N Reduce Opens Up As Alternative to Ultra-Elite Startup Incubators
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what are you going to do next? The teams that don’t check in get on the ‘Did not ship’ list, and if that happens two weeks in a row we will talk to them and say ‘Hey, this is probably not going to work out.’”
The weekly check-in requirement will give startup teams a deadline to work against and the opportunity to get help overcoming obstacles, Crocker says. In addition to the online discussion, N Reduce companies located in startup hubs will meet face-to-face for pizza and beer once a week. The San Francisco meetings will likely take place at a coworking space in SoMa, and there will be separate meetings in the South Bay, New York, and Berlin, Crocker says.
The program will end in mid-August, around the same time as Y Combinator’s demo day, with a series of two-minute pitches available via webcast to media and investors.
“We want to make it clear to investors that it’s not easy to get through this program,” says Crocker. Because N Reduce teams must ship every week or face expulsion, “we’ve got to work a lot harder than YC companies do,” he argues. “It’s do or die. In that sense we think we have a lot more in common with the early days of YC, when Paul Graham preached this how not to die mentality. It seems like they have not had to worry about that for a while—it’s hard to imagine a YC company dying in its first year because they have so much investment. We are in a different situation, and we have to make the best of it.”
N Reduce certainly isn’t the first group to try tweaking the accelerator model Y Combinator pioneered in the Web and mobile industries. Organizations like Blueprint Health and Greenstart have veered away from the YC pattern by supporting startups in specific industries like healthcare and cleantech, for example. And other accelerators such as Rock Health, which focuses on health IT companies, have dispensed with the equity investment.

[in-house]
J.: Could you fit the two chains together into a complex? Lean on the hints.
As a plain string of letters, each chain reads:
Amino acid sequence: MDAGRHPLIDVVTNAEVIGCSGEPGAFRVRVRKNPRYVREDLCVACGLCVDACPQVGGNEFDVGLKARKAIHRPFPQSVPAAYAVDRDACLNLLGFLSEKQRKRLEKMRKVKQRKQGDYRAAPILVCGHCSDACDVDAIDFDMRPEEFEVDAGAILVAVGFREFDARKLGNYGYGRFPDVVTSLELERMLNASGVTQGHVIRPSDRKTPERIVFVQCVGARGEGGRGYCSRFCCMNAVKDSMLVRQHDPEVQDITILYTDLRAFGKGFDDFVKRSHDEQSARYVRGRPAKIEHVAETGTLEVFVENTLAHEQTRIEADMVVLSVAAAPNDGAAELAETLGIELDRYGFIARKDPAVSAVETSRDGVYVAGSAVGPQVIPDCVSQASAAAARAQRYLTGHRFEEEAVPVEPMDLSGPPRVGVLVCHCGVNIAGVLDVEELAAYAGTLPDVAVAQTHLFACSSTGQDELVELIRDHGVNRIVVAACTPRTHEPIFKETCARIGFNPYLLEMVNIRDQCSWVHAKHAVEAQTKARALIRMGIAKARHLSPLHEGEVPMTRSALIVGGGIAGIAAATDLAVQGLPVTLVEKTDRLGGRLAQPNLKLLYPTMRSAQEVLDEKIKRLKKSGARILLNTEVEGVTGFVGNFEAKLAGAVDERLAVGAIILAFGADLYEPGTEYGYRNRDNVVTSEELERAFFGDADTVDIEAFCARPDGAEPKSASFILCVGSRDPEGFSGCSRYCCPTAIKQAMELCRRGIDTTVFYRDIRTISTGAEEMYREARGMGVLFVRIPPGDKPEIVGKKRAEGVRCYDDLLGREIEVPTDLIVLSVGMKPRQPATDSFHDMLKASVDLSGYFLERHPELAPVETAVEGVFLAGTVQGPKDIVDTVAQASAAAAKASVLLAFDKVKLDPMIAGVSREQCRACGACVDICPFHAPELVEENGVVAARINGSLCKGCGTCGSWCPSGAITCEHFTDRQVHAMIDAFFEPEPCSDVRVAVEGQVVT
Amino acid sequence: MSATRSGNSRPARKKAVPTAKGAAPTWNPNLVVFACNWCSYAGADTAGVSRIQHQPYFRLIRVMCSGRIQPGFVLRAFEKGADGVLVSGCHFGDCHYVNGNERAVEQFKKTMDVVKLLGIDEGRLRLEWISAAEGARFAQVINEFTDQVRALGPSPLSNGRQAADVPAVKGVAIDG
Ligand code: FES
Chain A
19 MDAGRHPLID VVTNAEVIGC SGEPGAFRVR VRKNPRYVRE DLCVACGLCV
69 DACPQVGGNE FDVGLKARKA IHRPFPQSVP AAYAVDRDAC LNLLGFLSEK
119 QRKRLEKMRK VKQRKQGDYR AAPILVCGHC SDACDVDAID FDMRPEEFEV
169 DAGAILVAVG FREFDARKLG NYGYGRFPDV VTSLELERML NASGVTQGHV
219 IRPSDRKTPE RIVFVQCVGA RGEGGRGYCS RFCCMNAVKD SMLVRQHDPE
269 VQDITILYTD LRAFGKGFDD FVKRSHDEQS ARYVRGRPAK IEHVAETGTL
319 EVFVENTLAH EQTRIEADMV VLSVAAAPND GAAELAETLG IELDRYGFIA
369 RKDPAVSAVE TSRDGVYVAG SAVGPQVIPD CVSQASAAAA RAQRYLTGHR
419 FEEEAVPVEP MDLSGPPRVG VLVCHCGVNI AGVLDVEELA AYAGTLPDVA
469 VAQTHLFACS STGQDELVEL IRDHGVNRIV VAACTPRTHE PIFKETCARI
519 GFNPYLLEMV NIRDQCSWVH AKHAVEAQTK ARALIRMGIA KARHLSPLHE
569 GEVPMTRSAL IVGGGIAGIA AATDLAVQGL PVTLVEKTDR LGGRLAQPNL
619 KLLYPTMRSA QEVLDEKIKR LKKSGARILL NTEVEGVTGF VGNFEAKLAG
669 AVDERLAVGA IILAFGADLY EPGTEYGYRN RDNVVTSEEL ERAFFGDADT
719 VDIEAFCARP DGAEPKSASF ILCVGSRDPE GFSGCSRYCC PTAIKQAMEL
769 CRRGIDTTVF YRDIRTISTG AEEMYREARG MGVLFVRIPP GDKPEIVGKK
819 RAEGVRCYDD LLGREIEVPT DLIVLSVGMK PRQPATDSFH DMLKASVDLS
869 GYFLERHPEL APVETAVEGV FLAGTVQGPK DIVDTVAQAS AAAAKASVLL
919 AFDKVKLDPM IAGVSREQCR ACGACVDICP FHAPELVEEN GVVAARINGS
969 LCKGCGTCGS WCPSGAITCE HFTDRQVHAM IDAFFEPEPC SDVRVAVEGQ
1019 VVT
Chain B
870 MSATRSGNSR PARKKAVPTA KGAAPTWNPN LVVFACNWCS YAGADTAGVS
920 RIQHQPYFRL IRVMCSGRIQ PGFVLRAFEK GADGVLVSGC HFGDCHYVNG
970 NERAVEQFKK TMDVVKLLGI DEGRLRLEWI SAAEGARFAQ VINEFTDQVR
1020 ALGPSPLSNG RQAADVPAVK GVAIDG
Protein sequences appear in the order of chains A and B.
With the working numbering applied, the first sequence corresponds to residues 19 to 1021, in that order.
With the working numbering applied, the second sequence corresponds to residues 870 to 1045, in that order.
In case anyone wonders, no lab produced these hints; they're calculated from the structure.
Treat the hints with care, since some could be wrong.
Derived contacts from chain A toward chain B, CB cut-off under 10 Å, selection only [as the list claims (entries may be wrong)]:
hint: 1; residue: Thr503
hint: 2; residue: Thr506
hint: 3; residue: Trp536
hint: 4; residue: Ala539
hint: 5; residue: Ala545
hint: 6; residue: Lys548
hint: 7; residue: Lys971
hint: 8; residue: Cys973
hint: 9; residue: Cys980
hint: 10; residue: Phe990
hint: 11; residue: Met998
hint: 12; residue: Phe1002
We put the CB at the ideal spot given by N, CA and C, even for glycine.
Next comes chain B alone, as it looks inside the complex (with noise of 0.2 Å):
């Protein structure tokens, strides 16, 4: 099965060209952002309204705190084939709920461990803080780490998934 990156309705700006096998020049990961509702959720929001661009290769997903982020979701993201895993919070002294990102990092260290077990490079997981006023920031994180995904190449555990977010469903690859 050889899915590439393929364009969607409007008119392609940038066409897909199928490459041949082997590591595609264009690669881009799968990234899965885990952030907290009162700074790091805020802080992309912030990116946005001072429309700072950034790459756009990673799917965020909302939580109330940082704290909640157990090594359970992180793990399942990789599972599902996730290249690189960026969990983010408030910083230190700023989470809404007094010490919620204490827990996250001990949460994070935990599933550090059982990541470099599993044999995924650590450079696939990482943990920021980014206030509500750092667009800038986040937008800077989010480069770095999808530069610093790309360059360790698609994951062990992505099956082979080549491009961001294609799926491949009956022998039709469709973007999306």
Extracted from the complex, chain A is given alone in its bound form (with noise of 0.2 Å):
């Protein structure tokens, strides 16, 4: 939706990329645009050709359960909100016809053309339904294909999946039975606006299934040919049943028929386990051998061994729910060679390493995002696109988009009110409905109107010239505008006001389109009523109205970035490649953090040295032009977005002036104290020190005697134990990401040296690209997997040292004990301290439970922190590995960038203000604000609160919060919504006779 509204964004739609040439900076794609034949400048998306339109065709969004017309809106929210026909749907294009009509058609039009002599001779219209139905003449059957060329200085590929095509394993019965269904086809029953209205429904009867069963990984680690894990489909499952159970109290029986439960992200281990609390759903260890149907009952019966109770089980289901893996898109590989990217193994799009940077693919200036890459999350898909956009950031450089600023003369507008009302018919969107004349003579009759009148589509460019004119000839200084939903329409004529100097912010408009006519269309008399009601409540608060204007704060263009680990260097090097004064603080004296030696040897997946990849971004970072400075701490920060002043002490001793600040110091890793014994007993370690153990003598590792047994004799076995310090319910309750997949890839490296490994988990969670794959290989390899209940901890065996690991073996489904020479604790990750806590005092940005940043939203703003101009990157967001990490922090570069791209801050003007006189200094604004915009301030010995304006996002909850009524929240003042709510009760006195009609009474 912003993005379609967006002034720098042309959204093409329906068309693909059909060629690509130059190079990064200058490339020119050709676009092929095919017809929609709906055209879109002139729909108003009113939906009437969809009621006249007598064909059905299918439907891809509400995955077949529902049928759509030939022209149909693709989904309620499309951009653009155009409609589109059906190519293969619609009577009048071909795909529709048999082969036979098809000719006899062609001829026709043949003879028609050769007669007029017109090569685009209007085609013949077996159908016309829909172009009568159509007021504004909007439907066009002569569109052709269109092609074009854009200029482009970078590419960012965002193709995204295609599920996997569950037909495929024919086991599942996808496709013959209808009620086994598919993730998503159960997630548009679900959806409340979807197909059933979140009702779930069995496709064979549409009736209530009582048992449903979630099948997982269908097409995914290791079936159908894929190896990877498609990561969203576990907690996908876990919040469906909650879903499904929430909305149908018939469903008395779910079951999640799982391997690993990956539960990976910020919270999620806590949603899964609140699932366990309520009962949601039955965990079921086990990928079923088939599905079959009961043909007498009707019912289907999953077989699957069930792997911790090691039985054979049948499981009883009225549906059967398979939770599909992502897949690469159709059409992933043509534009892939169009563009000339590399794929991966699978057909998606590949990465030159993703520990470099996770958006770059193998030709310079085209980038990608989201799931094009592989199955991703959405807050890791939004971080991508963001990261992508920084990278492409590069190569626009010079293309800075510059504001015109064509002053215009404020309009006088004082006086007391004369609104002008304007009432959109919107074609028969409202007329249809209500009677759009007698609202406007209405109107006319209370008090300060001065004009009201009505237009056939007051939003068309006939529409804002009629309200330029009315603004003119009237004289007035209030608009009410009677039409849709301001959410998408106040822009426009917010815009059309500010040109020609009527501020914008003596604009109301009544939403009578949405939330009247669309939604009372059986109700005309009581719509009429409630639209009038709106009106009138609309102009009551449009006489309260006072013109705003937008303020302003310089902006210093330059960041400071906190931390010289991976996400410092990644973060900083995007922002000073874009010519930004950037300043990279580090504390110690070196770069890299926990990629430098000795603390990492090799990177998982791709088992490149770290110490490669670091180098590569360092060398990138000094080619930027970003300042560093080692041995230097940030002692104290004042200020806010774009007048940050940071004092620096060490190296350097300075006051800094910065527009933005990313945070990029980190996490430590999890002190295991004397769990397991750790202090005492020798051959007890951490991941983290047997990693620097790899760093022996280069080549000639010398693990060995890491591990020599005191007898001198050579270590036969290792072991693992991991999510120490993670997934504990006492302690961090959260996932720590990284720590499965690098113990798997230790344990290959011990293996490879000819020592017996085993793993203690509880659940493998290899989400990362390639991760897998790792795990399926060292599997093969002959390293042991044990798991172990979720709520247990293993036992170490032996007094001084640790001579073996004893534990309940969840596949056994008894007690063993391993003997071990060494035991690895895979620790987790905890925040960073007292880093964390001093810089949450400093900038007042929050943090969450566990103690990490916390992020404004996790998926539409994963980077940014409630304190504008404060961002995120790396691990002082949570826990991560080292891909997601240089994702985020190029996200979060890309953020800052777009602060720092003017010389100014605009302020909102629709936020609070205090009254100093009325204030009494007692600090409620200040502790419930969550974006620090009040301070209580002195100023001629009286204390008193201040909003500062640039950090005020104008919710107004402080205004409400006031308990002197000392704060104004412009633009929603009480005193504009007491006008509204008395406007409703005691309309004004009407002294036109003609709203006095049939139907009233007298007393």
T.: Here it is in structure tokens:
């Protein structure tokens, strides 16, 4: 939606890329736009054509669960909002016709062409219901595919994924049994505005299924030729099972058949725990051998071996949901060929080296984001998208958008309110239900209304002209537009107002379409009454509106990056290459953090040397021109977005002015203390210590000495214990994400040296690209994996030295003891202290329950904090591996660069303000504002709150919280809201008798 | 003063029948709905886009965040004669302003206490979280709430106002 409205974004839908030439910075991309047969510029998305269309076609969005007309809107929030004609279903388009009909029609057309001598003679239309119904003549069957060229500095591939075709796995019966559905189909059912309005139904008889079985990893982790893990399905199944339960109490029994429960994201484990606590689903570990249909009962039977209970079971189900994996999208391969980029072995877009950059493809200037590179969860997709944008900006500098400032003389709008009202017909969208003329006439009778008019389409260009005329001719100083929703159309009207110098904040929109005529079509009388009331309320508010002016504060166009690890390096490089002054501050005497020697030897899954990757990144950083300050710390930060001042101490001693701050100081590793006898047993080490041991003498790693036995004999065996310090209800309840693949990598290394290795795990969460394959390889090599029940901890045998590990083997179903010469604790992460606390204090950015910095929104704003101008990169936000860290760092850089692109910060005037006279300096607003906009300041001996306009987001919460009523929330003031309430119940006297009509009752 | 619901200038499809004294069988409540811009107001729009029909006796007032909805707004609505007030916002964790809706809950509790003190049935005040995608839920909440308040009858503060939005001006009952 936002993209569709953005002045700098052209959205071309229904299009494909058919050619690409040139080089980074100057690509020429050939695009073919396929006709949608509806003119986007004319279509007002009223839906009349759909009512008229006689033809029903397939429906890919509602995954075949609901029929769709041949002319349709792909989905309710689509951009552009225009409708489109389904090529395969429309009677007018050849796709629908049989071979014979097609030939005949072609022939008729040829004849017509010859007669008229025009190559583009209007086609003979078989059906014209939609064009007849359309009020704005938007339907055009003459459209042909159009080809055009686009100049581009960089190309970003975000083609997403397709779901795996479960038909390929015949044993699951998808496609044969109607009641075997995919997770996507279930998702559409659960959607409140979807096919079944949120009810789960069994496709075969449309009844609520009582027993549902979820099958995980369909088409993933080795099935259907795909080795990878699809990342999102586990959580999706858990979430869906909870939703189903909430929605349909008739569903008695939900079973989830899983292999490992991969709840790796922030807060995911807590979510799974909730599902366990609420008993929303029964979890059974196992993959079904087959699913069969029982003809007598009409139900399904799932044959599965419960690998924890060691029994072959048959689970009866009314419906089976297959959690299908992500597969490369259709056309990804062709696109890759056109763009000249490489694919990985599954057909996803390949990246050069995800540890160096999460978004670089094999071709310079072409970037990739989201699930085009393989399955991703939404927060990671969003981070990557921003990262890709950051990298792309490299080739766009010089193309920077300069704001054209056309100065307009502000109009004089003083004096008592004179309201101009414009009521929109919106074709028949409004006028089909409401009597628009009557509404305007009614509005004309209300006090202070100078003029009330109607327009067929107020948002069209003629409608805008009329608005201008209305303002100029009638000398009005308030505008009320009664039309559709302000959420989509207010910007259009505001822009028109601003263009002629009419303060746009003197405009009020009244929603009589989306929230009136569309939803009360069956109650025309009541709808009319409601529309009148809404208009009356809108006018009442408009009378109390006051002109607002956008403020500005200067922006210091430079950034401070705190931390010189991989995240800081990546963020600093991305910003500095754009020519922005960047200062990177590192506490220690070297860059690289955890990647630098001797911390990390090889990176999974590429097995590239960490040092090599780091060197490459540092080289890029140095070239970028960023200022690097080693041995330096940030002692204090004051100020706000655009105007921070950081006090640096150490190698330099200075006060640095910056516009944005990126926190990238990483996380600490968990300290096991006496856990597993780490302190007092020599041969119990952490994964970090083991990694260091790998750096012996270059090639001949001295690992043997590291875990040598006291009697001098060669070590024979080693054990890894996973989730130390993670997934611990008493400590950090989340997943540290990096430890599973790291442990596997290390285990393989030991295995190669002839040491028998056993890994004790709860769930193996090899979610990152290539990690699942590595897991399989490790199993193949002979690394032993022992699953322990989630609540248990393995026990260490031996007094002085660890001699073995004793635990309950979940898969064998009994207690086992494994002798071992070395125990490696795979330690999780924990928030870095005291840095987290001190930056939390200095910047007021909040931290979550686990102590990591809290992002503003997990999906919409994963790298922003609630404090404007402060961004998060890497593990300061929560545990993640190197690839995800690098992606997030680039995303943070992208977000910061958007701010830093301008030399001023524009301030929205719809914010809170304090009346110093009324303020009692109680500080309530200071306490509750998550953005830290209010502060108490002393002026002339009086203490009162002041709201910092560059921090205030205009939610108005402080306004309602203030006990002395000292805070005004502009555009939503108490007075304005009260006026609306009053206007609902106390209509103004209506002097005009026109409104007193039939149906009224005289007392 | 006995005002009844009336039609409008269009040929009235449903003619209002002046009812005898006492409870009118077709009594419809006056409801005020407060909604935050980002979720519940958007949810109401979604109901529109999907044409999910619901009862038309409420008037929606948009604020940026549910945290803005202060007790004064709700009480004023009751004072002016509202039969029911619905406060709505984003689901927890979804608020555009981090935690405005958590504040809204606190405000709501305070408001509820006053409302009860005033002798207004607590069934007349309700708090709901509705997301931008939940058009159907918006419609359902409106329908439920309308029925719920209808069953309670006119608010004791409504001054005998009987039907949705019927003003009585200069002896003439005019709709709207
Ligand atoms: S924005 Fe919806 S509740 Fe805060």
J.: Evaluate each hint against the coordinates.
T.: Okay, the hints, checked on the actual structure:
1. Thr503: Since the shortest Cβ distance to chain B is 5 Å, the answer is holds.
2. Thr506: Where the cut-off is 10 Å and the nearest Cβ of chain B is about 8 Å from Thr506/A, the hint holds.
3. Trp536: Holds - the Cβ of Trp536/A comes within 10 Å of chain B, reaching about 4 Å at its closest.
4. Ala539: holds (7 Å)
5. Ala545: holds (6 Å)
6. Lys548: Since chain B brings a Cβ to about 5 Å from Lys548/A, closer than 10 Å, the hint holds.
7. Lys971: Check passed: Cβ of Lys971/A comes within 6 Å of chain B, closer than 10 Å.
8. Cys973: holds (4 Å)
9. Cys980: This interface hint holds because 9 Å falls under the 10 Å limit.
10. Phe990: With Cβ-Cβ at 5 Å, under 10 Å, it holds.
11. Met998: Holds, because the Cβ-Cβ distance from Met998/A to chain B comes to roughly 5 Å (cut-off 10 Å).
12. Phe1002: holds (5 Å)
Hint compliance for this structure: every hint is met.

But all of these groups have retained a central element: mentorship from a network of investors and seasoned entrepreneurs. N Reduce will be the first to strip the model all the way down to its bones, emphasizing collaboration between the startups themselves. Crocker says the organization is already getting e-mails from volunteers interested in advising the startups, but in essence, N Reduce companies will be mentoring each other.
“Everything is going online—why can’t accelerators?” says Crocker. “There’s an ability to start a startup from anywhere in the country and have that support network. I think the end result is just going to be more startups, which is going to be better for the economy. It’s definitely an experiment, but our goal is to take a step in that direction and encourage a lot of other people to do the same.”
[Update 5/15/12: The saga of N Reduce’s name and logo continues. In the Y Combinator Hacker News comment thread for this story, Crocker says in response to one commenter that the mathematical function referred to in the name is eta reduction rather than N reduction. Overnight, N Reduce has changed its logo and is now using the lowercase eta or η symbol—which looks enough like a lowercase N to justify keeping the name N Reduce.]